Wanne doen jy jou hare?

Image Credit: jnj.com

Pop culture has made it possible for coloured girls to rock their curly hair a.k.a ‘wetlook’ as confidently as ever. More so, “big hair don’t care” has since also become a term coined in modern society among everyone. However, we all know that this has not always been the case and in some cases, the struggle continues. I write this piece not only to share my personal experience but to relate to all the girls who find themselves in the natural hair journey and what a journey it is indeed.

My name is Desiree Tan, a proud coloured girl from Witbank (Emalahleni), Mpumalanga. I was born in a small coloured township called Schoongezicht, which is locally known as ‘Overline’. I wouldn’t say there is an ideology of what a girl’s hair needs to look like, as people from my town pretty much come from all walks of life. While some take hair a bit more seriously than others, it’s all open for self-expression and convenience. Growing up, my mom latched onto the trend that all the mothers were jumping into- which was to relax their daughter’s hair. According to my mom, this was to manage my hair conveniently. According to me, it’s a way of subconsciously planting the idea into a little girl’s head that her hair isn’t good enough. Also, the damage that is seen later, takes away from the natural curl of the hair. So in my opinion, why do it?

Eventually, I was old enough to do my own hair and I could then decide what I wanted to do with my hair. Unfortunately, by then I had been sucked in so deep into the relaxing habit and continued with it into my early teenage years. When it was time for me to go to varsity, which obviously exposed me to a whole lot more, that too, changed my hair journey. By then I was already conditioned to think that my hair wasn’t good enough (toe dink ek mos my draad is nie so lekke nie) I had now been swept up by the weave trend. I had saved up and purchased myself a Brazilian weave. Toe dink ek mos nou is ek aan die brand and I kept up that superficial façade. Such is life I suppose and with a little more growth and self-confidence, I was no longer bothered what society might have thought. I haven’t relaxed my hair in at least 6 years and started wearing it out as a proper ‘boskop’. As awkward as that may have been at times, with my damaged and undefined curls, I persevered with my natural hair journey to this very day.

Wanne doen jy jou hare?

This was now the question that was often posed by my mother, simply because I no longer wore my hair as what was expected. In fact, let’s speak a bit about expectations when it comes to hair in the coloured community. If you were privileged enough to cross paths with coloured people from different parts of South Africa, you would realise that perceptions around hair differ while at the very same time are exactly the same. Follow me on this, while people in the Cape and Pretoria area are pretty much obsessed with doing their ‘glade hare’ and have their Ghd’s very close, which in itself is an idea that promotes what  ‘great hair’ needs to be perceived as. Far and between these places, ‘different’ is a whole lot more accepted.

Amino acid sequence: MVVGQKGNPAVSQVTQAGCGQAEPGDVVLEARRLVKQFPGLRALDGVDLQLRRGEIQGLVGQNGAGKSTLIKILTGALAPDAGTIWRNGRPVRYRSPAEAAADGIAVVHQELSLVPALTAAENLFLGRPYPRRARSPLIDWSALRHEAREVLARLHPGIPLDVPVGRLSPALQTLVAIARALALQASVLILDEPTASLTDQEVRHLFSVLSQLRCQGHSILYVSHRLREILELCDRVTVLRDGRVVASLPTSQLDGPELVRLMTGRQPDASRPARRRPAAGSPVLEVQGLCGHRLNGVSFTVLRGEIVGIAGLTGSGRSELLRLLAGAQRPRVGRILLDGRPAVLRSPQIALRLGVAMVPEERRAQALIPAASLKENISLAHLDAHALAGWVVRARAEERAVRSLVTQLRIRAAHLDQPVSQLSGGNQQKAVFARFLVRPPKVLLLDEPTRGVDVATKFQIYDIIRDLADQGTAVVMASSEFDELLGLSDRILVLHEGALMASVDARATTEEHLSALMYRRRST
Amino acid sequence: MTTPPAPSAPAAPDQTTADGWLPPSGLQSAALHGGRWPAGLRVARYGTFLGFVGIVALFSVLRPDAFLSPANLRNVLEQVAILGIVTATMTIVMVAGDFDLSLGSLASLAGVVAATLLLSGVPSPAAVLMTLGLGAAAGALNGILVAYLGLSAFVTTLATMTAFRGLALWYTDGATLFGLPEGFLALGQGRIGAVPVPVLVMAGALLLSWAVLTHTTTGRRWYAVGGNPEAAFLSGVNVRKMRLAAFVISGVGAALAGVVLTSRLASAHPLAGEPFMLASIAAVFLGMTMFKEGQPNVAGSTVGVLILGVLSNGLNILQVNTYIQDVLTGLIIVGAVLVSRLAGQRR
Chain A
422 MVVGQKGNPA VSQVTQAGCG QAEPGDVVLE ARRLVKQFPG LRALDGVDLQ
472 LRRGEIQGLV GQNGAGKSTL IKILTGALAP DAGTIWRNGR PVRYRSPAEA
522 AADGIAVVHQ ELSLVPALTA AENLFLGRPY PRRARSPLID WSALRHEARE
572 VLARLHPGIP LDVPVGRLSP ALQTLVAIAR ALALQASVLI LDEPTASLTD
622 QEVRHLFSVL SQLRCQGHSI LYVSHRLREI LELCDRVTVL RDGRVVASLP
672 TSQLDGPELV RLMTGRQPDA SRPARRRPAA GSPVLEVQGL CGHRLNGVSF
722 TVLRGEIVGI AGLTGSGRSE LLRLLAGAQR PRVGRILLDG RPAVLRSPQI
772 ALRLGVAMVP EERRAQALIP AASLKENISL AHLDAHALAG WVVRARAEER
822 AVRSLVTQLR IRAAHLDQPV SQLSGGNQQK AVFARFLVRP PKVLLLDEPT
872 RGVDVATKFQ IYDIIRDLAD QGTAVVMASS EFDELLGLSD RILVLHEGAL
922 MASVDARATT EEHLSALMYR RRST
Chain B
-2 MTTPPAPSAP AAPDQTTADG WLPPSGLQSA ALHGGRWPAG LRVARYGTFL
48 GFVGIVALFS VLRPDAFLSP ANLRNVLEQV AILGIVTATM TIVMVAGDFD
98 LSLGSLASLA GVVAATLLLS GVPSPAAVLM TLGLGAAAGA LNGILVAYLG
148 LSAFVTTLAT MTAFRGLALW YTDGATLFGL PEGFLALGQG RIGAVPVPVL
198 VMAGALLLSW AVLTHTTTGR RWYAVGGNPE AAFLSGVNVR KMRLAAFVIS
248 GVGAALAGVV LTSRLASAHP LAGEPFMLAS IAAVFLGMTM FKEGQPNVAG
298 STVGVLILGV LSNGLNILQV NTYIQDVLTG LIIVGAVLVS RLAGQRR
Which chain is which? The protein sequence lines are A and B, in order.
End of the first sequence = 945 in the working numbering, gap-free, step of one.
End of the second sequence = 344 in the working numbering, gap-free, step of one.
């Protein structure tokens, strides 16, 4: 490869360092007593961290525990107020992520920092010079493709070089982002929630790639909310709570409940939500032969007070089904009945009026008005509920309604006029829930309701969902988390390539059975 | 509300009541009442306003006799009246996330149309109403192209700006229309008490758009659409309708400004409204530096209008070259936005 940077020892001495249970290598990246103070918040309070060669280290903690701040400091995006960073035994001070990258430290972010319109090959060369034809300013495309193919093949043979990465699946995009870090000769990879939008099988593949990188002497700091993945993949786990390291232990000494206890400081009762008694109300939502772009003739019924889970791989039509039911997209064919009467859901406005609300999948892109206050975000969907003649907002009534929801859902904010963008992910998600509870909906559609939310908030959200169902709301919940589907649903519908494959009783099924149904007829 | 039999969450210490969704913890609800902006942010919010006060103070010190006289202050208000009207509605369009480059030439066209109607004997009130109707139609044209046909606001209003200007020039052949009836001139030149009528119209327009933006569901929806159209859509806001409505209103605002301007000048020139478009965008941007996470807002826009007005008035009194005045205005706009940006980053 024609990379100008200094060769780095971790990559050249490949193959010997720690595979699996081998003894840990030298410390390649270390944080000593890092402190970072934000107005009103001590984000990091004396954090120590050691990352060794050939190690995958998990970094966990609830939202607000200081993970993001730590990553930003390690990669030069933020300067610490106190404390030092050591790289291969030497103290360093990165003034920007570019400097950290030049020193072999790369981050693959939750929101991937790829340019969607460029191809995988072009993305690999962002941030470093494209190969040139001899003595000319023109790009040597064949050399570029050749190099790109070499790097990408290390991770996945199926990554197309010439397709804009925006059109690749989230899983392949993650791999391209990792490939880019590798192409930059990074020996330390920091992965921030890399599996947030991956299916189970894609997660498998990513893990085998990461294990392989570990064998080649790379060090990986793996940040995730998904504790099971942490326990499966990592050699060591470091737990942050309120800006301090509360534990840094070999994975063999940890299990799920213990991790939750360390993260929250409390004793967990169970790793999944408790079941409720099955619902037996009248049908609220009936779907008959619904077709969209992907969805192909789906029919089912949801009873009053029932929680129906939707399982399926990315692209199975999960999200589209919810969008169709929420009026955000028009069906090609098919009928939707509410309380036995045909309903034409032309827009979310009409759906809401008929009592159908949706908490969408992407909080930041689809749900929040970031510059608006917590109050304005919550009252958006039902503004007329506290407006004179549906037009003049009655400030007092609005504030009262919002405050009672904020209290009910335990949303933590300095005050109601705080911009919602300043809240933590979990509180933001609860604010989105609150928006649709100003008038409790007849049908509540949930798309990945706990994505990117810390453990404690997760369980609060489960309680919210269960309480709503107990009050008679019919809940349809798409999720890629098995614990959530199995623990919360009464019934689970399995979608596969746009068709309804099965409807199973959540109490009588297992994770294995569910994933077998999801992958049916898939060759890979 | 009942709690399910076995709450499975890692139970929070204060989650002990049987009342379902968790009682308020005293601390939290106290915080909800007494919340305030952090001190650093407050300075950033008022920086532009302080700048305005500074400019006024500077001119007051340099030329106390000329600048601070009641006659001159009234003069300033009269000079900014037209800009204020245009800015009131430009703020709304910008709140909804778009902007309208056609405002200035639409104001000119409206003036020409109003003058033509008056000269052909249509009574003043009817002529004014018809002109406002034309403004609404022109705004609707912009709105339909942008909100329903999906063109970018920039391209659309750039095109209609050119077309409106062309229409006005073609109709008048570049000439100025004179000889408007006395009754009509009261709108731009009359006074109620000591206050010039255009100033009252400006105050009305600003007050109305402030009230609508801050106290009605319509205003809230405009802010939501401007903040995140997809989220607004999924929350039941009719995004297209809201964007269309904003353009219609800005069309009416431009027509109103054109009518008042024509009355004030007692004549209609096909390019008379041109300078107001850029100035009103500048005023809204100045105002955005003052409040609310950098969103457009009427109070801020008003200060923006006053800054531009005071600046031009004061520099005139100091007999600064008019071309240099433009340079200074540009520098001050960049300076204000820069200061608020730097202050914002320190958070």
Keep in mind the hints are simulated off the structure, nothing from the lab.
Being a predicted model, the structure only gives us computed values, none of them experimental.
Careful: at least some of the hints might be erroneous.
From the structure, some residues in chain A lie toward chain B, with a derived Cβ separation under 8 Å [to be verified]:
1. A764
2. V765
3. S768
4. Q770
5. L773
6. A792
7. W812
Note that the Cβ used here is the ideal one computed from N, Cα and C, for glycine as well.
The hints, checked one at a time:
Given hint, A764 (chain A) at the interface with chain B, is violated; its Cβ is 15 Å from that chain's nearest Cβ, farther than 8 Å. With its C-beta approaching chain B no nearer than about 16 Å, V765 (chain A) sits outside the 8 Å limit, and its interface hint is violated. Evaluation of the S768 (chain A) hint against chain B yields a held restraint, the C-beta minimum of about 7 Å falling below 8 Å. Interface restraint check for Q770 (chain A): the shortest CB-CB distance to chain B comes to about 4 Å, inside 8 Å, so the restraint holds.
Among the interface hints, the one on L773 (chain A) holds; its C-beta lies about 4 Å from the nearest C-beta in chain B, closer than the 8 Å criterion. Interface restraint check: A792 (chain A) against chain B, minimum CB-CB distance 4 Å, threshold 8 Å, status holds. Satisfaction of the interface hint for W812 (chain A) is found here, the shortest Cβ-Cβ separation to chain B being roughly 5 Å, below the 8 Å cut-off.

Like most things, we are often influenced by what we’ve gone through and know to be right and the correct way. As cliché as it may sound, Apartheid had a lot to do with what coloured people consider to be good hair. The pencil test, as they referred to it, was used in those years to determine whether coloured people should be classified as ‘black’ or ‘white’. This was done by running a pencil through one’s hair, if it got stuck, it would be considered a fail. Apart from the colour of your skin, this test would determine how the Apartheid government would racially identify you. In this case, the issue of hair is a lot deeper than we may think.

The notion that beautiful hair is straight and long is common among most. Don’t get me wrong, I have nothing against this, at times I too do the occasional blow-dry. However, people should feel free to wear their hair any way they want without being labelled lazy, rebellious or simply seen as having ugly hair.

Lastly, while our wet looks as coloured mase kinders don’t look the same, you might be referred to as boskop, kroeskop or woeskop- either way do not be deterred, keep doing you onse kind.  It’s unfortunate that even within our own community we  have rigid ideas of what is considered beautiful hair and beauty overall. While this article will not change the minds of everyone, I hope it sparks a sense of pride in all my boskop club members. Next time they ask you, Wanne doen jy jou hare? Simply respond:

Wie sê my hare is nie klaar gedoen nie?

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